During the 1970s, popular music was in a transition period. In one hand the Disco craze was booming, in the other was the dawning of Punk Rock and a new brand of Rock-n-Roll as a softer Southern influenced style was born. One of the band’s perhaps most recognized for their Southern Rock radio success was the Eagles who broke out to the scene with big hits like “Take It Easy,” “Witchy Woman,” and “Peaceful Easy Feeling.” Looking to broaden their sound and amp up the heavier Rock vibes, they enlisted a talented guitarist/songwriter by the name of Don Felder in early ’74 to assist them. Felder, ingrained in Rock for years prior, soon became a regular member of the Eagles thereafter and helped launch the band to even greater heights with the edge they were seeking. In fact, the marriage between Felder and the now-Rock and Roll Hall of Famers lasted twenty-seven years, four multi-platinum selling studio albums, two multi-platinum selling live albums, and a laundry list of hit singles. One of the greatest selling bands of all-time, Felder was and still is one of the most recognized co-writing musicians to ever be part of the Eagles by fans.
Sadly, by now most know of the unfortunate separation story between Felder and the Eagles following the release of his tell-all book in 2006, Heaven and Hell: My Life in The Eagles (1974–2001). The book has since become a best seller and opened the eyes and hearts of many music lovers to the prospective Felder, garnering the guitarist a new found respect he most certainly deserves. Now well over a decade since Felder has been an Eagle, he continues to be extremely active in a solo capacity, and in 2012 released the well-received record Road to Forever. A record filled with excellent songs, it further raised eyebrows to what Felder is as songwriter. Touring around the country, Felder spent the Summer of 2014 on a killer Classic Rock bill including Styx along with Foreigner, and after another busy 2015 Felder winds down the year with select headlining gigs. A November delight, Felder picked New York as one of his destinations, and on Friday the 6th came to The Space at Westbury. Marking his first return to Long Island since he hit the stage of Jones Beach Theater in June of 2014, fans of all ages came out to catch a full, in-depth set from Felder to jump-start their weekend.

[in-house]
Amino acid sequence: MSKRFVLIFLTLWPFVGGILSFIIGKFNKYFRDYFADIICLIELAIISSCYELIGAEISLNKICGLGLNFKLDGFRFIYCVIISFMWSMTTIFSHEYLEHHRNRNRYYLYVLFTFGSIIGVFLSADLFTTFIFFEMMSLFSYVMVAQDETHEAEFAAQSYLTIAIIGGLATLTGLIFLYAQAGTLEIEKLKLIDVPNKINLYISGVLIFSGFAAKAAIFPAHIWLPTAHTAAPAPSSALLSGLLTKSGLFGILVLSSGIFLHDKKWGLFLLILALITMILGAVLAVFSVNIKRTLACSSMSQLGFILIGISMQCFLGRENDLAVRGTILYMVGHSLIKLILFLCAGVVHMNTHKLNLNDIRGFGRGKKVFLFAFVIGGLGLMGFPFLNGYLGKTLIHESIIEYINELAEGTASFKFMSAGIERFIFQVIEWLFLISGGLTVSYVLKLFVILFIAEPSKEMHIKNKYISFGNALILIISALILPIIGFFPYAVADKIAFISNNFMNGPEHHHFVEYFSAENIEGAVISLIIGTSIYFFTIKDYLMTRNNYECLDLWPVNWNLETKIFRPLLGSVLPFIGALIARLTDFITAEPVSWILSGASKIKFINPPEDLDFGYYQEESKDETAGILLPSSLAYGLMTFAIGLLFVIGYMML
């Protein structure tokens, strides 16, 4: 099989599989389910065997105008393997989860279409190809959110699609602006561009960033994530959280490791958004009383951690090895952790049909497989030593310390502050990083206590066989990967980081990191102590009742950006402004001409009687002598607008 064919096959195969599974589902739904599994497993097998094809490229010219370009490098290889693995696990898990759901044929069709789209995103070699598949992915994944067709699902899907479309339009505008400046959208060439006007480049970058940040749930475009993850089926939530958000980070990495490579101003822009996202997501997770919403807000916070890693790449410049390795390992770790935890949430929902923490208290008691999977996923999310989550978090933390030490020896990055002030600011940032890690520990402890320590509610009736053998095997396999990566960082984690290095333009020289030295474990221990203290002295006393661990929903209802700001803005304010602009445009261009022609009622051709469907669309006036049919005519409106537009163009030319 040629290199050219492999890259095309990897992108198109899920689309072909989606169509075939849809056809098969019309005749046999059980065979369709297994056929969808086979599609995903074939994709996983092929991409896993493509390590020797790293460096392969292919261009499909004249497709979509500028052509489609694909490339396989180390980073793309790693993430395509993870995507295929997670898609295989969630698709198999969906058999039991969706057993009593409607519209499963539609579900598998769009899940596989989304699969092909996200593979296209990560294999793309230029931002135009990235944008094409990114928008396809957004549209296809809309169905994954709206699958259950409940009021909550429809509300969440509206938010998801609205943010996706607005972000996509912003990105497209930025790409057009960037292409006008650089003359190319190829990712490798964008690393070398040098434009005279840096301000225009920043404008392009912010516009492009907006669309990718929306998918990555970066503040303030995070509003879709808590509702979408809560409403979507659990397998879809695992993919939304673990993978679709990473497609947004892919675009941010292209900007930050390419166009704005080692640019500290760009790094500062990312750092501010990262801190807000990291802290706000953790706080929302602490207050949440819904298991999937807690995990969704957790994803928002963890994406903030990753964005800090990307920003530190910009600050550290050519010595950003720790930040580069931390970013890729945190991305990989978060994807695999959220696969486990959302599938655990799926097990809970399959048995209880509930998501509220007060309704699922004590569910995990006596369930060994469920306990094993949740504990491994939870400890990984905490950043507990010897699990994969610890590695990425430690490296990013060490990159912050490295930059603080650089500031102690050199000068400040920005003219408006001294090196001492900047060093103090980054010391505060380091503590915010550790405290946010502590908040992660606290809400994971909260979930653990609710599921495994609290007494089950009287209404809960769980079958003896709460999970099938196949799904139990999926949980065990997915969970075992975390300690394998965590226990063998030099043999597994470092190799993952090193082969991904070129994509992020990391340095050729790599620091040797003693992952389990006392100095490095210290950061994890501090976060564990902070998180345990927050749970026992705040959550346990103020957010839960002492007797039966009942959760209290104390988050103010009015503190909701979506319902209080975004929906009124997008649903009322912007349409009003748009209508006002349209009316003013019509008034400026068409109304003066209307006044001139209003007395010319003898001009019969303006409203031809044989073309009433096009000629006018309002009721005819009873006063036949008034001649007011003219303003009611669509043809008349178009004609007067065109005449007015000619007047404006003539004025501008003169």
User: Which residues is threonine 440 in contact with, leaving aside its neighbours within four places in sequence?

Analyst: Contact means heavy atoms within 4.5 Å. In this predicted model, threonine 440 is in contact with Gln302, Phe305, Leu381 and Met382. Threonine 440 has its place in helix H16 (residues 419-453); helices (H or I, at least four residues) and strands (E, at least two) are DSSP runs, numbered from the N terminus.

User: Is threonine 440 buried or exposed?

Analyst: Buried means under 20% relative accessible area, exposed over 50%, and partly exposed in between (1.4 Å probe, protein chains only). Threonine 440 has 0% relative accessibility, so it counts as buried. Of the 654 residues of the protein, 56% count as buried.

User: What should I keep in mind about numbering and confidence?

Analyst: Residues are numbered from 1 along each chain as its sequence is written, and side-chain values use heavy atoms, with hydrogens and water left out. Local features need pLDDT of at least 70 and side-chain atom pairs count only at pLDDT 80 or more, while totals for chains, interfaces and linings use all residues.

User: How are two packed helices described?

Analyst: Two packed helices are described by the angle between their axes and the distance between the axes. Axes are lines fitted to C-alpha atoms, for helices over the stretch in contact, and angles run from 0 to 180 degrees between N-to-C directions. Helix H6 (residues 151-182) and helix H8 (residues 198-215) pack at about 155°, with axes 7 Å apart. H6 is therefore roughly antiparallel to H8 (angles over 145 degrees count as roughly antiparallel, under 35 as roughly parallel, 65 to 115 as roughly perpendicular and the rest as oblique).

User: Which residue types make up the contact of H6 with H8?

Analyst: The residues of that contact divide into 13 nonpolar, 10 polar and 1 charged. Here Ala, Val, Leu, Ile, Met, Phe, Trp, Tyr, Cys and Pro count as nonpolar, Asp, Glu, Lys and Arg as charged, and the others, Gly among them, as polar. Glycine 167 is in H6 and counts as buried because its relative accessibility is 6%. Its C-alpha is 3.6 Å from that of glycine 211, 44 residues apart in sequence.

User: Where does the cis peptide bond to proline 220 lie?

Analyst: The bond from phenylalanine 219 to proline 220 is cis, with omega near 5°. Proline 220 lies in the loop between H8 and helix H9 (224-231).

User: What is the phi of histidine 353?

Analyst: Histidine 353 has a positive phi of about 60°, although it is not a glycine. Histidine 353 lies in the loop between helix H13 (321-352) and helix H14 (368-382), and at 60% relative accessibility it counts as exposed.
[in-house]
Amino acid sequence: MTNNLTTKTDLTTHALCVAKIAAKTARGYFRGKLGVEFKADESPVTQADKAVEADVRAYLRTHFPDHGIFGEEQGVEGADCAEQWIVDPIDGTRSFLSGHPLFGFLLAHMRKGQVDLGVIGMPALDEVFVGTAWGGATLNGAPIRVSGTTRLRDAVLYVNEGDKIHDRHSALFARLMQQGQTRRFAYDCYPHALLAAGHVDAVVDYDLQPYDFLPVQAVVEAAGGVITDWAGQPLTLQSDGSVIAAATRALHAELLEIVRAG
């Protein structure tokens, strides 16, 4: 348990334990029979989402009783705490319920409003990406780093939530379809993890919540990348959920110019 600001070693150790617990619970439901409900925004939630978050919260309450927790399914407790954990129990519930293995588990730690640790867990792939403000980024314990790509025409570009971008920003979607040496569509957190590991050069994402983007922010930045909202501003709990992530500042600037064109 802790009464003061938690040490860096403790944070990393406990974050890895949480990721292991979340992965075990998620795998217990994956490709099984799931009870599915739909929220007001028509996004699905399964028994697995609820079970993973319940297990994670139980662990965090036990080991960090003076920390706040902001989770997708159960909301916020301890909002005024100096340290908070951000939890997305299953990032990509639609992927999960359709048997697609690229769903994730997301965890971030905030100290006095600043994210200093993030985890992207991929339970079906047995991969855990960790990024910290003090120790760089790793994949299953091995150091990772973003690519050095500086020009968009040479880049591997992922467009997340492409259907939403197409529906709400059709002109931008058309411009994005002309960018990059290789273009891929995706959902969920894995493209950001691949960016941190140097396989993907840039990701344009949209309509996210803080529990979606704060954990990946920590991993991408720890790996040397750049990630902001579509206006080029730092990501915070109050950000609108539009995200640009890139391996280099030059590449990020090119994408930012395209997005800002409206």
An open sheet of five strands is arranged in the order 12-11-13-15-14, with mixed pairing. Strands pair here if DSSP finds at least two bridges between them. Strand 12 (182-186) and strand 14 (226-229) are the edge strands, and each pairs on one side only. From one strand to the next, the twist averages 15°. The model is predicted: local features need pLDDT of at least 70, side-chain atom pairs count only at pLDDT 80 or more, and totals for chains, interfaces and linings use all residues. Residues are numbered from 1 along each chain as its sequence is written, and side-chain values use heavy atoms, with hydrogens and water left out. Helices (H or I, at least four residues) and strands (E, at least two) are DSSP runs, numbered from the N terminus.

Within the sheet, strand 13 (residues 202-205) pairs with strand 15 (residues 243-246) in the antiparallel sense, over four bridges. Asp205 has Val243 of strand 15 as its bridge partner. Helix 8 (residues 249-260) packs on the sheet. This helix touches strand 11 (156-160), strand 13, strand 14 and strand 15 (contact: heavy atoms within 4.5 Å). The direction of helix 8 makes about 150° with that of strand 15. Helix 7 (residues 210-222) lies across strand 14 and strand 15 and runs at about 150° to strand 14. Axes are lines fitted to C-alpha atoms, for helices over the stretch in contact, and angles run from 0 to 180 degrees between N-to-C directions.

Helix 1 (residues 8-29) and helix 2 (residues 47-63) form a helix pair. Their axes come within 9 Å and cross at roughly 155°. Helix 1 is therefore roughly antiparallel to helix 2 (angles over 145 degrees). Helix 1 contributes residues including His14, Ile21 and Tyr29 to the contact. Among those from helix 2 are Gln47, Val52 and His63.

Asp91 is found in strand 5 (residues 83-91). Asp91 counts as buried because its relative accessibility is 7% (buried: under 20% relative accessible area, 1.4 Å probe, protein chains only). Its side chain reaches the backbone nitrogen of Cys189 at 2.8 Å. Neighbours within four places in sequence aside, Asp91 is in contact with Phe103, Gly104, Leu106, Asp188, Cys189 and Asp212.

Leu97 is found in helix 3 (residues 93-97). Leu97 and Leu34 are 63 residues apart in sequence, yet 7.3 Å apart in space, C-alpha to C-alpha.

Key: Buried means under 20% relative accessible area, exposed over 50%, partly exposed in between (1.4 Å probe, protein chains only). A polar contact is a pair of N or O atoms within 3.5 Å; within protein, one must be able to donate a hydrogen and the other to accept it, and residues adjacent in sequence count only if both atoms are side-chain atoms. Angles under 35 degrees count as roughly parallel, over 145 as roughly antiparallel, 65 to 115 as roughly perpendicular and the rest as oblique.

As direct support for Felder, the Long Island native Mark Newman was ready to get the music flowing. A multi-talented musician, Newman has shared stages with the likes of Sting and Elvis Costello to name a few. His dedication over the years to his craft has made him a masterful stringsman as a performer of electric/acoustic/lap steel guitar, mandolin, and dobro. Looking to keep music and culture alive on Long Island Newman has taken part in a series of local performances by the name “Music From the Hive” and “The Original Music Series.” With just himself an acoustic guitar Newman casually approach the microphone to greet the audience. Performing a mix of his original tunes, Newman projected a Blues Rock sensation across the floor as he played songs off his record Walls of Jericho. Making the most of the time he was given, Newman engaged the audience with an inviting personality in between songs and wowed them with a strong voice that brought the music to life. Be sure to check out this soulful artist as he plays in and around villages on the island in the future.
Following an intermission which listeners had a chance to dig some Eric Clapton among other selections on the shuffled playlist over the speakers, the set change was rather seamless. In a groove and excited for more music, Felder’s arrival on stage came quickly thereafter along with an all-star band of musicians that included bassist/backing vocalist Shem von Schroeck (Kenny Loggins), guitarist Greg Suran (Goo Goo Dolls), drummer Steve DiStanislao AKA Stevie D (David Gilmour), and keyboardist Timothy Drury (Eagles, Whitesnake). Igniting the crowd into loud cheers, excitement was spread throughout the room as the set commenced with 1974 hit “Already Gone.” One of the first songs Felder had ever contributed as a member of the Eagles, it was a fitting opening to the evening which moved quickly into perhaps one of the best cuts from the band, 1975’s “One of These Nights.” With Felder standing centerstage under the spotlight the guitarist showed excitement as he lit up the guitar’s fret board and sang affectionately. Moving around and swinging his guitar, Felder’s face told a story as he played each note with passion.